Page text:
Why Argus Is Taking a Step Back on Gilead Sciences

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Gilead Sciences Inc. (NASDAQ: GILD) saw its shares take a step back on Monday after an independent research firm downgraded the stock. Many investors have hoped that the shares will pull out of their holding pattern with some M&A, but this boost only proved temporary. As a result more analysts are taking a more sideline approach to this stock.

Argus downgraded Gilead to a Hold rating from Buy based on concerns about a steepening decline of the company’s hepatitis C products and flattening of HIV sales, which account for 68% of revenue. The combination of declining revenue and higher R&D to support development of CAR-T program (acquired in Kite Pharma deal) is expected to pressure the operating margin in 2018.

The independent research firm is also lowering its adjusted EPS estimates to $8.50 from $8.60 for 2017 and to $7.00 from $7.50 for 2018 based on its assessment of the company’s slower growth prospects for HIV and hepatitis C drugs.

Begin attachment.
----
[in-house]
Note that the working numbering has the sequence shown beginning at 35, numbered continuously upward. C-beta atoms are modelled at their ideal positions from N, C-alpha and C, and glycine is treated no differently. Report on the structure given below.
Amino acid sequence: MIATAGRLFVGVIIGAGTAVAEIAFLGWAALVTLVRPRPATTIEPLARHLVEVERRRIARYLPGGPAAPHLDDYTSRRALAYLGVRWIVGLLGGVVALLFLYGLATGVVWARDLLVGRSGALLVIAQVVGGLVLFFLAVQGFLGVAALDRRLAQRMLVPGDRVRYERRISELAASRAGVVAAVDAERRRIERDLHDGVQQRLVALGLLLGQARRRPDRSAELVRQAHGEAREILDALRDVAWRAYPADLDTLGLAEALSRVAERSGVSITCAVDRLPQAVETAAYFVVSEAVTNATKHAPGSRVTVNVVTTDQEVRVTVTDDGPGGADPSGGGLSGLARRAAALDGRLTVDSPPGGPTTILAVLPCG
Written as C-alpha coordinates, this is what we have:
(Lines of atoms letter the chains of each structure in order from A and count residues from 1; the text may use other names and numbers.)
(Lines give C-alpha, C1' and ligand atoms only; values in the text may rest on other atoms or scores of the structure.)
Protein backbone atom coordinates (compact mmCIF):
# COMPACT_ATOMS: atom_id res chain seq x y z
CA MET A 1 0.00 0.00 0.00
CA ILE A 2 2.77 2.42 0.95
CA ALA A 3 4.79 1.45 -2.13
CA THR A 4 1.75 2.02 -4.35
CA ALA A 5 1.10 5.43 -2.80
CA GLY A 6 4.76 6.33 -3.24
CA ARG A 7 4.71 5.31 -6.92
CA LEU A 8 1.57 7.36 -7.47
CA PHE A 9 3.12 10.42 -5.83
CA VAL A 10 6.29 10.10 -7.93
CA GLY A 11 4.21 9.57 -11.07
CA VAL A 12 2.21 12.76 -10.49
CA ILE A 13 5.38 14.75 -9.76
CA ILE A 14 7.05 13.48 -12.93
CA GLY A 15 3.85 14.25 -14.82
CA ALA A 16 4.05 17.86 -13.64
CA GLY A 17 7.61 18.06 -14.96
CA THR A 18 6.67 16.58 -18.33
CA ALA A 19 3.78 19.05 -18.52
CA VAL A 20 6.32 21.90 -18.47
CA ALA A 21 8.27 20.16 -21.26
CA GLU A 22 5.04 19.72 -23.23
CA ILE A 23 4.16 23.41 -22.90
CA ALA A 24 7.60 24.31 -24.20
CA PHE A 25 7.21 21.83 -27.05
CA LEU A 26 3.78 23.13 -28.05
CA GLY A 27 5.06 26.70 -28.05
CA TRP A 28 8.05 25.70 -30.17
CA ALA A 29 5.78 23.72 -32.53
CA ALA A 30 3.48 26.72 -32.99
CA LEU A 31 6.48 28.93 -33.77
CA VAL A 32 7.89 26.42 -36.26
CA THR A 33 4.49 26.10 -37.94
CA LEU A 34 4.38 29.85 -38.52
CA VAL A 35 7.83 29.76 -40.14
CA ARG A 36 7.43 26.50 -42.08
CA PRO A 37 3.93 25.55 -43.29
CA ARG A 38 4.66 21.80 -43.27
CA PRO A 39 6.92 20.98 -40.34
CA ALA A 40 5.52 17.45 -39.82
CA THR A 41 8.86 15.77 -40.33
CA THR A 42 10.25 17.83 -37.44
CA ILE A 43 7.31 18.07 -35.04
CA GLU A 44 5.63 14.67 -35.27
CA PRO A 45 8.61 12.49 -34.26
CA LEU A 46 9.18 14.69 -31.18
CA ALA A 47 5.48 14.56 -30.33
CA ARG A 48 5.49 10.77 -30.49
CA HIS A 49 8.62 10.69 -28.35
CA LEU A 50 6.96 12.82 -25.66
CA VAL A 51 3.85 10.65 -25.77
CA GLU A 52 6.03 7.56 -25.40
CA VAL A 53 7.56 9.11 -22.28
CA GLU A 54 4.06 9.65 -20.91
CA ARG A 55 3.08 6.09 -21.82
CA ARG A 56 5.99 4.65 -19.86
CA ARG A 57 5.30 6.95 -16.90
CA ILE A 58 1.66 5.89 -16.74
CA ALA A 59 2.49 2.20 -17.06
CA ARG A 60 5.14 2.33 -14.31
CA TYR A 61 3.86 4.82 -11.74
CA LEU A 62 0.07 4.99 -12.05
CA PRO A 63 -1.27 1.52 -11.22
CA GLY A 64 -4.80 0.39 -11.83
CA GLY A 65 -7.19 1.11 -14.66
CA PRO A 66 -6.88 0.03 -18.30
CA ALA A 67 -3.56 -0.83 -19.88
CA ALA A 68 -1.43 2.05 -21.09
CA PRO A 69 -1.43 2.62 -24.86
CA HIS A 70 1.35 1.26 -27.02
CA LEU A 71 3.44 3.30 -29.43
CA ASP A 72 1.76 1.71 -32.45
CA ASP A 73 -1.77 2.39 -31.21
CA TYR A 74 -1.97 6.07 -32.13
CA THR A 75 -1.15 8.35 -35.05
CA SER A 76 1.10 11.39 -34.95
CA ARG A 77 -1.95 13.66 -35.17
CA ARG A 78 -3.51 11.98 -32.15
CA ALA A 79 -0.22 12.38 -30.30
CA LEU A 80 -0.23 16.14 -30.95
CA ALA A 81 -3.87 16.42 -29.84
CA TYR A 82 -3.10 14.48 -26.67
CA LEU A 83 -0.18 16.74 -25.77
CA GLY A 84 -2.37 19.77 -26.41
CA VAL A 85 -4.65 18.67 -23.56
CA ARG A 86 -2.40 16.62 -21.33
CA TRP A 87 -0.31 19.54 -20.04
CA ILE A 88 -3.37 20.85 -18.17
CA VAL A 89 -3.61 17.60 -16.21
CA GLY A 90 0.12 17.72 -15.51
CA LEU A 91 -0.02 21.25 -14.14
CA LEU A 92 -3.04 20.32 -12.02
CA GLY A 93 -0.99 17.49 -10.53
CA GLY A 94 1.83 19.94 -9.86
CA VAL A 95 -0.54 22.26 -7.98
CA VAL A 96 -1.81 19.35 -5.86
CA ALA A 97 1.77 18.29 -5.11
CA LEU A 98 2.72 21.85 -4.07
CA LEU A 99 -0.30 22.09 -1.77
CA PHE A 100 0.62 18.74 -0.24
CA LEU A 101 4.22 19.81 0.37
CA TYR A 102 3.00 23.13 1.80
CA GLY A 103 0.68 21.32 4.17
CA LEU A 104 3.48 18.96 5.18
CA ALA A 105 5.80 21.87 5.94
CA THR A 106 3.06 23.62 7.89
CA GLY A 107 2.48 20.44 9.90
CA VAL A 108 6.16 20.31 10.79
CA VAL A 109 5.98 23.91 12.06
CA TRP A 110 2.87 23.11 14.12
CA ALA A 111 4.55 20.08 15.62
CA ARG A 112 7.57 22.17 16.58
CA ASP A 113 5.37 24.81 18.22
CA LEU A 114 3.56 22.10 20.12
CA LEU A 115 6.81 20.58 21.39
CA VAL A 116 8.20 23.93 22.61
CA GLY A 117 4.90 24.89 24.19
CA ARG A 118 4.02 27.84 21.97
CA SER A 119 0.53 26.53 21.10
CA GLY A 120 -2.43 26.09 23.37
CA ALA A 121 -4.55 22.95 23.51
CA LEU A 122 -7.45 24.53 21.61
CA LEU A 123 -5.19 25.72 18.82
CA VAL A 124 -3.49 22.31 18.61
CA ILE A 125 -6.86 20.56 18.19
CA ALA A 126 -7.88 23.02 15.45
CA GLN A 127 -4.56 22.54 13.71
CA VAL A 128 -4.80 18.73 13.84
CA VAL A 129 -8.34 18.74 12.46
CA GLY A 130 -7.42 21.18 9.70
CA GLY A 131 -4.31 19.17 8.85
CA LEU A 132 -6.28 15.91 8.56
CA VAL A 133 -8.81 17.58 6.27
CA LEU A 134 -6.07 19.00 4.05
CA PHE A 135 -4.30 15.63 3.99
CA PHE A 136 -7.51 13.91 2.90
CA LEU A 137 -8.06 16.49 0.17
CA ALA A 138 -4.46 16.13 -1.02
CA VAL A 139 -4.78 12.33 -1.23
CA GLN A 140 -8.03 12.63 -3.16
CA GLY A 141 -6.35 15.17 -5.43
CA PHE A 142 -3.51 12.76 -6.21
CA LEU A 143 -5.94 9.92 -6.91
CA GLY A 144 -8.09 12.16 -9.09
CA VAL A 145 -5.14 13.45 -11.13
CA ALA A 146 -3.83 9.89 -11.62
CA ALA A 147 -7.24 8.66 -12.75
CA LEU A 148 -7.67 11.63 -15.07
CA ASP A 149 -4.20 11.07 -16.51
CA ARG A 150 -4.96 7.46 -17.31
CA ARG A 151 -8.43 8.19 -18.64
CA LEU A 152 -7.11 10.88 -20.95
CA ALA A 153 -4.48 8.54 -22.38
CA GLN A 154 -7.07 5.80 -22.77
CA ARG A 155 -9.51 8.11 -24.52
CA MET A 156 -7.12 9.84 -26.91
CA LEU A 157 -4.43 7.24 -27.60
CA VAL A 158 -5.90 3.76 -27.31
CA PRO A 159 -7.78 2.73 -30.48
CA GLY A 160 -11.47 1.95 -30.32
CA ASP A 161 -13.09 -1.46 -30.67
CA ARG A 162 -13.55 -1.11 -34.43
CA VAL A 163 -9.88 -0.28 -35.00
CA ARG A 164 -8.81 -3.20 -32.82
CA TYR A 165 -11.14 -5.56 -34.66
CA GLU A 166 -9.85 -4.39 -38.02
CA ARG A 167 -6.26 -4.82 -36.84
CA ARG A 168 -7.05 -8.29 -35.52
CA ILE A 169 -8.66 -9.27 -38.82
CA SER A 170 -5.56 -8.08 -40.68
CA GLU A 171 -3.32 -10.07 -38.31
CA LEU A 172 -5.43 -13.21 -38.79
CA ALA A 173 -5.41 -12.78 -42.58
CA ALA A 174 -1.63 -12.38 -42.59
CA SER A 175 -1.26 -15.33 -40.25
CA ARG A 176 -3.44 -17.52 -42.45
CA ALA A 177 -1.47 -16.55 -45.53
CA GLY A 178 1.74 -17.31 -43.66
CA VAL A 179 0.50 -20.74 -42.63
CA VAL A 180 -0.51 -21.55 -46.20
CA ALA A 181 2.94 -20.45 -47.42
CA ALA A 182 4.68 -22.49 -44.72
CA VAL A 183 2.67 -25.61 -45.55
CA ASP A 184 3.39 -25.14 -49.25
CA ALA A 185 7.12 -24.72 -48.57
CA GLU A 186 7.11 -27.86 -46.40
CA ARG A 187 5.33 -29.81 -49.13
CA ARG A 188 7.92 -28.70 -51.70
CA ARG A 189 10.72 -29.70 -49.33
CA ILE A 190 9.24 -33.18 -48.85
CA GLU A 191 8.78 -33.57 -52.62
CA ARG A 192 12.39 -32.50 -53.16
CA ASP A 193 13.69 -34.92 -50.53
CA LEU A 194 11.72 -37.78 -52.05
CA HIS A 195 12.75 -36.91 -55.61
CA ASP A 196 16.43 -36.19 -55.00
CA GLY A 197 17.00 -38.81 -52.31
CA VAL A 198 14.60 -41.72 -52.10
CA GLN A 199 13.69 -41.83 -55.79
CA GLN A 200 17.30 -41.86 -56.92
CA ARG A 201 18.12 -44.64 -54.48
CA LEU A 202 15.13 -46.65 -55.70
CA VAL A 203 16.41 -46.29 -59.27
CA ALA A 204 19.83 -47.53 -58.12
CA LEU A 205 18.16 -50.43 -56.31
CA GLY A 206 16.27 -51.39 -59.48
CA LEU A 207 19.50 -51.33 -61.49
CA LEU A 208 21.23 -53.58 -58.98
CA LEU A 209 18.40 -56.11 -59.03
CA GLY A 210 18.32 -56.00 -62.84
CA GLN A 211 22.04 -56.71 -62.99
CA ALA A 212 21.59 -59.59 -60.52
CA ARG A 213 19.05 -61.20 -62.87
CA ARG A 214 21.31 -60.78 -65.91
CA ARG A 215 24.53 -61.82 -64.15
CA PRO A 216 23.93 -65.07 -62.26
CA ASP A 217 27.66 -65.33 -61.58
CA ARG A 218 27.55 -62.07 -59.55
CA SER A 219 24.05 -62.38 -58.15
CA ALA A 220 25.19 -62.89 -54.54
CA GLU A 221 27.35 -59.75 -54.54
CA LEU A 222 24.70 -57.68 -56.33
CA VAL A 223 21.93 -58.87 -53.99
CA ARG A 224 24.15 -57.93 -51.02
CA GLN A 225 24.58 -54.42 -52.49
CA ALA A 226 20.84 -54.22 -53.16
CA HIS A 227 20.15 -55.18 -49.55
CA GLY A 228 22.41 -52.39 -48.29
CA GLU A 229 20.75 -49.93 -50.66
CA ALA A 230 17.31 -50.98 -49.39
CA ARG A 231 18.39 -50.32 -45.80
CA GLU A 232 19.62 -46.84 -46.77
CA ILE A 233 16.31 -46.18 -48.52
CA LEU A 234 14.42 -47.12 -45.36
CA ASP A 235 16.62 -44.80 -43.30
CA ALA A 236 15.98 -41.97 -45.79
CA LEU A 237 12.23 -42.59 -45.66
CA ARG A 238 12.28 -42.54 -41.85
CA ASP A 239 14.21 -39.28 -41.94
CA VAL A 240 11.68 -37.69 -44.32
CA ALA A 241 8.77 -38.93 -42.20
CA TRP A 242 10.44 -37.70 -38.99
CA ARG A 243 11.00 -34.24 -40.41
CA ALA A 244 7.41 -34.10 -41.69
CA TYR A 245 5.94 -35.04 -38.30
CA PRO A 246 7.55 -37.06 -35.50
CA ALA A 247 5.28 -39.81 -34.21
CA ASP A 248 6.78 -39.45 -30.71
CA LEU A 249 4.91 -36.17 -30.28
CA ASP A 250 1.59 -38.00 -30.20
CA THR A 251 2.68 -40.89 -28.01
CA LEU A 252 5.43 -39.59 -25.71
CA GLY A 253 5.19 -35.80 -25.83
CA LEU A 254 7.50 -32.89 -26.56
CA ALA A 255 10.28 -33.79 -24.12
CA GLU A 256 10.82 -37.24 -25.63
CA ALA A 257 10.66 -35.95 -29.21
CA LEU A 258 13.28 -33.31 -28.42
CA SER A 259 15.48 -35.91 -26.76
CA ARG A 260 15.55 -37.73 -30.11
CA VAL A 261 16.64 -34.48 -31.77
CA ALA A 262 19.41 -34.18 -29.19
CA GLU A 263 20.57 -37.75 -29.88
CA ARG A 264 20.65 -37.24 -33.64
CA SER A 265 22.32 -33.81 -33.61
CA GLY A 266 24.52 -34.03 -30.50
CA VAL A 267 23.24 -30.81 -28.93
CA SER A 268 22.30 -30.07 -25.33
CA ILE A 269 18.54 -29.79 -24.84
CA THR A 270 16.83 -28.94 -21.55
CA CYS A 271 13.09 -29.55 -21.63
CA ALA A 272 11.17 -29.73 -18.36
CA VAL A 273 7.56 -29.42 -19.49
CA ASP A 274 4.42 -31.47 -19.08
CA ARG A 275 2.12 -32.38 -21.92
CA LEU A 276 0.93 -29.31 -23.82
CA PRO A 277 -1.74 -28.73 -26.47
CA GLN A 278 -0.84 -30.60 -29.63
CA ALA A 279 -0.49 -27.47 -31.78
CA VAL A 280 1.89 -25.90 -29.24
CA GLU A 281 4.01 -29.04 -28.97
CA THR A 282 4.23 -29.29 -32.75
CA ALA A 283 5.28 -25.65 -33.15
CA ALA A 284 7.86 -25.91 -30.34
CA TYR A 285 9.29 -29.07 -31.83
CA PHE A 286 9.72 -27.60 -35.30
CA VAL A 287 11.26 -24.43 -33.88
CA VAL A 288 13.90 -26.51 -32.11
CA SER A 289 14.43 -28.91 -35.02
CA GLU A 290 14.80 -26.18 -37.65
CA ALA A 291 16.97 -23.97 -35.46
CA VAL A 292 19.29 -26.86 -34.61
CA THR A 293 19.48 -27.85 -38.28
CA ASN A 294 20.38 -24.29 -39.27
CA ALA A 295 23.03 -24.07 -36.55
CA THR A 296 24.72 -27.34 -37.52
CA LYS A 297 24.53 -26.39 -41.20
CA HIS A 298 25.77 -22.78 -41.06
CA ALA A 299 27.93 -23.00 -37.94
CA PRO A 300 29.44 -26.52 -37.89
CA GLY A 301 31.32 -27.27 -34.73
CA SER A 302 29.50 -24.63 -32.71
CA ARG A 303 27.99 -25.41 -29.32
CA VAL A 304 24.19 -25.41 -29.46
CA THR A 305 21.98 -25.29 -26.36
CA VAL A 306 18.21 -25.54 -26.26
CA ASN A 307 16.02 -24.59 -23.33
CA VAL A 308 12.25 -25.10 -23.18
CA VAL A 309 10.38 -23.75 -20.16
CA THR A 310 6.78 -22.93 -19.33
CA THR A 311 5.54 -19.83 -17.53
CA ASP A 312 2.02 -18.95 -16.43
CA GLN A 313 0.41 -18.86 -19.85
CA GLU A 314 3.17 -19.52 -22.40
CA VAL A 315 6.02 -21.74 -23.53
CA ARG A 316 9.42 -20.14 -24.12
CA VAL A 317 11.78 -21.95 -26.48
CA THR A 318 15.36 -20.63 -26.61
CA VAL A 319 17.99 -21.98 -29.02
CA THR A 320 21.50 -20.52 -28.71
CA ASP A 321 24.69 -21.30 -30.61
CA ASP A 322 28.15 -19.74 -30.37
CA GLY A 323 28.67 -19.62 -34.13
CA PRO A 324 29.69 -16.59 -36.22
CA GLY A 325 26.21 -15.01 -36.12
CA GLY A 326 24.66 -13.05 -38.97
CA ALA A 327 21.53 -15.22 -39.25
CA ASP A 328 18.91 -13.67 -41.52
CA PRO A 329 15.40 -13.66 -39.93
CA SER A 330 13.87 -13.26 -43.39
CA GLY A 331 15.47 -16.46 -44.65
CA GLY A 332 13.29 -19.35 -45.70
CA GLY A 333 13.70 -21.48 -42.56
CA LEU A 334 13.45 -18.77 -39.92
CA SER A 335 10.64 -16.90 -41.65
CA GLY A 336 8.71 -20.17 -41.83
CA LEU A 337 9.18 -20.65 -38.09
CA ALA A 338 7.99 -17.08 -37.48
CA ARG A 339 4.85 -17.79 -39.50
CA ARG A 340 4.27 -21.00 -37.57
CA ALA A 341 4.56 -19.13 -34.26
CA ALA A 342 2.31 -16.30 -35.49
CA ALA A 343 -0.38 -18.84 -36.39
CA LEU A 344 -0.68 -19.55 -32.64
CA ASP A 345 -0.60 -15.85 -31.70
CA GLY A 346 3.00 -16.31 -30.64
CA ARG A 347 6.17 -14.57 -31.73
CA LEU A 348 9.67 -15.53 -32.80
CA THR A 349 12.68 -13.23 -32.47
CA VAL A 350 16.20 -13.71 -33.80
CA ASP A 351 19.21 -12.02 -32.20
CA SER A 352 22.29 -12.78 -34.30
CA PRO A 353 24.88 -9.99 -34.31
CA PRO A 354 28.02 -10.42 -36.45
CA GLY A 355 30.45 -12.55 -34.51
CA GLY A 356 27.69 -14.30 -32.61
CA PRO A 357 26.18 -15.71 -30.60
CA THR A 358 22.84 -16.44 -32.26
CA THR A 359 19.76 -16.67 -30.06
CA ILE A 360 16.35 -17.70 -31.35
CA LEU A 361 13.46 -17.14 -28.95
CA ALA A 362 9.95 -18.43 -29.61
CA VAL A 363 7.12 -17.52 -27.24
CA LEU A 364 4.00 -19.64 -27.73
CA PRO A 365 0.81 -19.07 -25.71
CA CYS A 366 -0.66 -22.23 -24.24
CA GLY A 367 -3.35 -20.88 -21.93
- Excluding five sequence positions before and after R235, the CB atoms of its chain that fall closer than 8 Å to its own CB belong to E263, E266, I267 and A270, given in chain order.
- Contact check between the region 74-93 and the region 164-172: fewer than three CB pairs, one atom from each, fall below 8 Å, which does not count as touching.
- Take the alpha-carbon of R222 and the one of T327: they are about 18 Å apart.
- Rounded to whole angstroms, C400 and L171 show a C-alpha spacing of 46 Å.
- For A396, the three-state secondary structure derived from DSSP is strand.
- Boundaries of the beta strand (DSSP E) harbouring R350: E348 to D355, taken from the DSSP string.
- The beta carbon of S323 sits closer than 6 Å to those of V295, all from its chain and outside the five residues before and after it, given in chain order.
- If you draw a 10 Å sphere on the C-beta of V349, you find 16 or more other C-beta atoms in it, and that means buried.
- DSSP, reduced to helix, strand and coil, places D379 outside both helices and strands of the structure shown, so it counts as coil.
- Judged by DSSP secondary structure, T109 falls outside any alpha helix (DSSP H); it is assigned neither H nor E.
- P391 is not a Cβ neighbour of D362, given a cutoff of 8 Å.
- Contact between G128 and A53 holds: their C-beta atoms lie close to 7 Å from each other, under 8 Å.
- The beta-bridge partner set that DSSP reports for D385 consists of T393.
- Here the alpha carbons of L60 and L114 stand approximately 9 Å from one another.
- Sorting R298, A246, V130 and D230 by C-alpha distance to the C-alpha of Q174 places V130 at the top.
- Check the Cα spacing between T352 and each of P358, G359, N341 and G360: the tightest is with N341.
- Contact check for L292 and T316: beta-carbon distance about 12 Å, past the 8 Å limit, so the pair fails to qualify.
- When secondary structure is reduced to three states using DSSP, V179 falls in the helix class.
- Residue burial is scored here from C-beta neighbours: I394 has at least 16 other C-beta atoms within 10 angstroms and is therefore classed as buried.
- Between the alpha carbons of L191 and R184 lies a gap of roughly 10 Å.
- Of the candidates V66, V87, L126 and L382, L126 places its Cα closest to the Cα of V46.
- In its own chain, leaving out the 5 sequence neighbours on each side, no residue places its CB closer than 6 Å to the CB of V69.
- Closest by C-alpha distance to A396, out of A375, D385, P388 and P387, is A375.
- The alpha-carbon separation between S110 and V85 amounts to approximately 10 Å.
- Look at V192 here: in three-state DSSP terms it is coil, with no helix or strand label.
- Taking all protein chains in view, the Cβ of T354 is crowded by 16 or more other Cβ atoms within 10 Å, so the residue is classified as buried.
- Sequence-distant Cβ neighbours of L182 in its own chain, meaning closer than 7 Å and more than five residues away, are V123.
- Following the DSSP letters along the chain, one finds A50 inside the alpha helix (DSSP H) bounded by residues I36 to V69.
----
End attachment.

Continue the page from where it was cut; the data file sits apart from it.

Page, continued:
In its report, Argus addressed the recent M&A:

Putting behind the euphoria of the Kite Pharma acquisition, we assess the growth drivers for the company in the context of continuing declines in Gilead’s antiviral drugs for HIV and hepatitis C. First of all, as promising and revolutionary is the CART gene-therapy regimen for treating certain blood cancers (acquired in the Kite deal), Gilead does not expect this acquisition to be earnings accretive for at least three years after the close in October 2017.

In terms of its declining sales, the slide in hepatitis C sales is due to fewer patient starts as the bulk of sicker patients have been treated. Sales of Epclusa, a pan-genotypic version of the hepatitis C drug, had a strong launch but its growth rate appears to have flattened out. Further, Epclusa faces competition in the pan-genotype space from AbbVie’s Mayvret, which was launched recently in the United States.

As for the HIV space, Gilead has brought to the market several newer drugs that have better safety profiles than older drugs. Still, Gilead’s total HIV sales declined 9% in the third quarter, falling from a +2% performance in the second quarter. Total hepatitis C sales fell 34%. As mentioned, HIV and hepatitis C together account for 68% of revenue.

Shares of Gilead were last seen down 1.5% at $72.64, with a consensus analyst price target of $84.90 and a 52-week range of $63.76 to $86.27.